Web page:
The discussion has continued, long after Shaw and Sperrazza! have departed. As power pop fans, we are passionate and confident in our individual, often contrasting points of view. That’s okay. We’re friends here. Friends can disagree and remain friends. (Except for the guy who called me a ninny for regarding the Ramones as power pop. That guy can take a hike.) Squeeze and Marshall Crenshaw don’t fit within my idea of power pop; I love ’em just the same. You don’t agree that the Ramones are power pop? I won’t let my conviction that you’re wrong prevent you from buying me a beer. Cheers!
My own POV can shift over time. But I have a pretty good idea of how I define power pop, and it goes back to that Bomp! equation: Punk + Pop = Power Pop. Still, there are shades and subtleties to consider. And how many power pop acts are really 100% power pop all of the time? Raspberries did the country-flavored “Last Dance.” Big Star did “The India Song.” The Ramones did “Warthog.” The Who did…well, the Who did a lot of stuff, didn’t they? On the other hand, Styx is certainly not a power pop band, no way, no how…except with “Kiss Your Ass Goodbye,” which is as power pop as anything ever. Musician Marty Ross recently suggested that power pop is an approach rather than a genre. Bomp! said otherwise, but I think Marty’s right on this count. Hey, this means we can have it all!
Do the definitions matter? Yes. And no. Yeah, we should have recognized parameters, common ground to understand what the hell we’re going on about when discussing power pop favorites (or ska favorites, rockabilly favorites, et al.). Power pop’s just a label, a tool to help identify sounds that may appeal to us. Recommended If You Like Cheap Trick. Or, as AM radio told me when it turned me on to Badfinger, “These guys sound like the Beatles.”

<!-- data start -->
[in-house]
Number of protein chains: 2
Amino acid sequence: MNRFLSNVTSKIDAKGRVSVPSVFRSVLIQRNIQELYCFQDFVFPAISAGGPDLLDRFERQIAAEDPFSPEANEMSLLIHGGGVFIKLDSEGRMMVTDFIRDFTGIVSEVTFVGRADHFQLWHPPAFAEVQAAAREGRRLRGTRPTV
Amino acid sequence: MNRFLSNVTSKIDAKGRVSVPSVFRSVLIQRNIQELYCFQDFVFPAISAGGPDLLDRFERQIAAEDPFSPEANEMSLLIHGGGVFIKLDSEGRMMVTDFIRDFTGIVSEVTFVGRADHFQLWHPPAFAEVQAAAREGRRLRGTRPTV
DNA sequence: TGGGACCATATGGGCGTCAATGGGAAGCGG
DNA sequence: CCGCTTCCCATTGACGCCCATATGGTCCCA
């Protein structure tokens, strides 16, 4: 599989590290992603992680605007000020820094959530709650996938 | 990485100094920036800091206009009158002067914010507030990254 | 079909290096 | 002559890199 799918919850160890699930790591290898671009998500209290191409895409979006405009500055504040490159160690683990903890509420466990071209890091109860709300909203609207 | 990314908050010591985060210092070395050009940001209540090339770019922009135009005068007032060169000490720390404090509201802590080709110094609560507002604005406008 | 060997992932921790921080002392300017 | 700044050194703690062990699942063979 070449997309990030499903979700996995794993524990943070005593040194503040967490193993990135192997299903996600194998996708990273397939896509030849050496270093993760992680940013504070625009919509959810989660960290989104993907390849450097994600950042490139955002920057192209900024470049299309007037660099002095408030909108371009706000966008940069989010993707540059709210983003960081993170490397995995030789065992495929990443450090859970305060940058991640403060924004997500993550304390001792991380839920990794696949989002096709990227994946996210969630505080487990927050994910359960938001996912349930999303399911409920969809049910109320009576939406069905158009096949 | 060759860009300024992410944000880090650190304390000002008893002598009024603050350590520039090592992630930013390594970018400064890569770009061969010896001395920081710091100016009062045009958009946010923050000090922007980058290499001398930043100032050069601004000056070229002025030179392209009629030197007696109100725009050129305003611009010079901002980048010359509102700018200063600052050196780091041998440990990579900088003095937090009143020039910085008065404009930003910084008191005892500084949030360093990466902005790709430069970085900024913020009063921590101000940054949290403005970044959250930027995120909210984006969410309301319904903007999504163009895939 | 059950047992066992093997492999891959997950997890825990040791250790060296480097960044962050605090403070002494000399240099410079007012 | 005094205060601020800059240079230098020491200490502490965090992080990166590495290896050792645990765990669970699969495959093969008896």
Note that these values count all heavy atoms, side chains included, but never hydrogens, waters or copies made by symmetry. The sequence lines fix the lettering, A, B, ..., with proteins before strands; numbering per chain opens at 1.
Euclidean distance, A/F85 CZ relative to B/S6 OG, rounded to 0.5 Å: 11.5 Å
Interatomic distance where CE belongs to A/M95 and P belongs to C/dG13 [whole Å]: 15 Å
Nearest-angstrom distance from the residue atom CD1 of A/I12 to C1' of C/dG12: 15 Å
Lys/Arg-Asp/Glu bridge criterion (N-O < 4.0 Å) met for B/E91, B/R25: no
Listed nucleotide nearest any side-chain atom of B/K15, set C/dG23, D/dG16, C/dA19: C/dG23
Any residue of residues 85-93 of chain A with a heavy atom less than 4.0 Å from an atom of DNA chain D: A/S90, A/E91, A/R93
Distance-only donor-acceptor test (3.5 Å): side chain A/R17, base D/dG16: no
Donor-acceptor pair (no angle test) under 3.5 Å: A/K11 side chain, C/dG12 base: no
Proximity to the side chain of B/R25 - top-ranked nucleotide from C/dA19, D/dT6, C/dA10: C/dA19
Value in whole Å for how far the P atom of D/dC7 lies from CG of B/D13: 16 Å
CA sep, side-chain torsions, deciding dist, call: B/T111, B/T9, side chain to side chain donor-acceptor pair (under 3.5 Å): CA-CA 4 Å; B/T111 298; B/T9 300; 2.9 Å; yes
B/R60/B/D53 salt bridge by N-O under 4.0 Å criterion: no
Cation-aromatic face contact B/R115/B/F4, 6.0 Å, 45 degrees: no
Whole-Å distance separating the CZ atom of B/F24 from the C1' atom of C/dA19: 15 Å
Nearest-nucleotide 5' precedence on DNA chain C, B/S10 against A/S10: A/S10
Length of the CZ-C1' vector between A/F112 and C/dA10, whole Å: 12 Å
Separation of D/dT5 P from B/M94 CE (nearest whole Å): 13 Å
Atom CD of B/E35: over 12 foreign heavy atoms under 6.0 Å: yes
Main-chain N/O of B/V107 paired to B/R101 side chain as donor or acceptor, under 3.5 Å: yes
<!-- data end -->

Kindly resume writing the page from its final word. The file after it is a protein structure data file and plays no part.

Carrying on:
My favorite music had a name. I didn’t know that name until I was in college.
“Power pop’” is a misunderstood genre, and there will never be a true consensus on its meaning and parameters. It’s my favorite music. It’s not my only favorite music–I adore so many sounds that fall outside my strict definition of power pop, even many that fall outside a broader, nebulous approximation–but it’s my primary boppin’ raison d’être. My awareness of power pop, my understanding of its meaning, began in 1978 with an incredible magazine called Bomp!
I wrote the above a few years back, introducing a reminiscence about how important Bomp! was to me, particularly in developing my understanding of power pop. Bomp! is still my go-to reference in that regard. Greg Shaw’s equation still holds. Gary Sperrazza!’s statement still rings true: “Power pop means pop with POWER!”
Pop with power. Whimpering simps need not apply. No matter what kind of haircut they have.
This Is Rock ‘n’ Roll Radio with Dana & Carl airs Sunday nights from 9 to Midnight Eastern, on the air in Syracuse at SPARK! WSPJ 103.3 and 93.7 FM, and on the web at http://sparksyracuse.org/ You can read about our history here.
I’m on Twitter @CafarelliCarl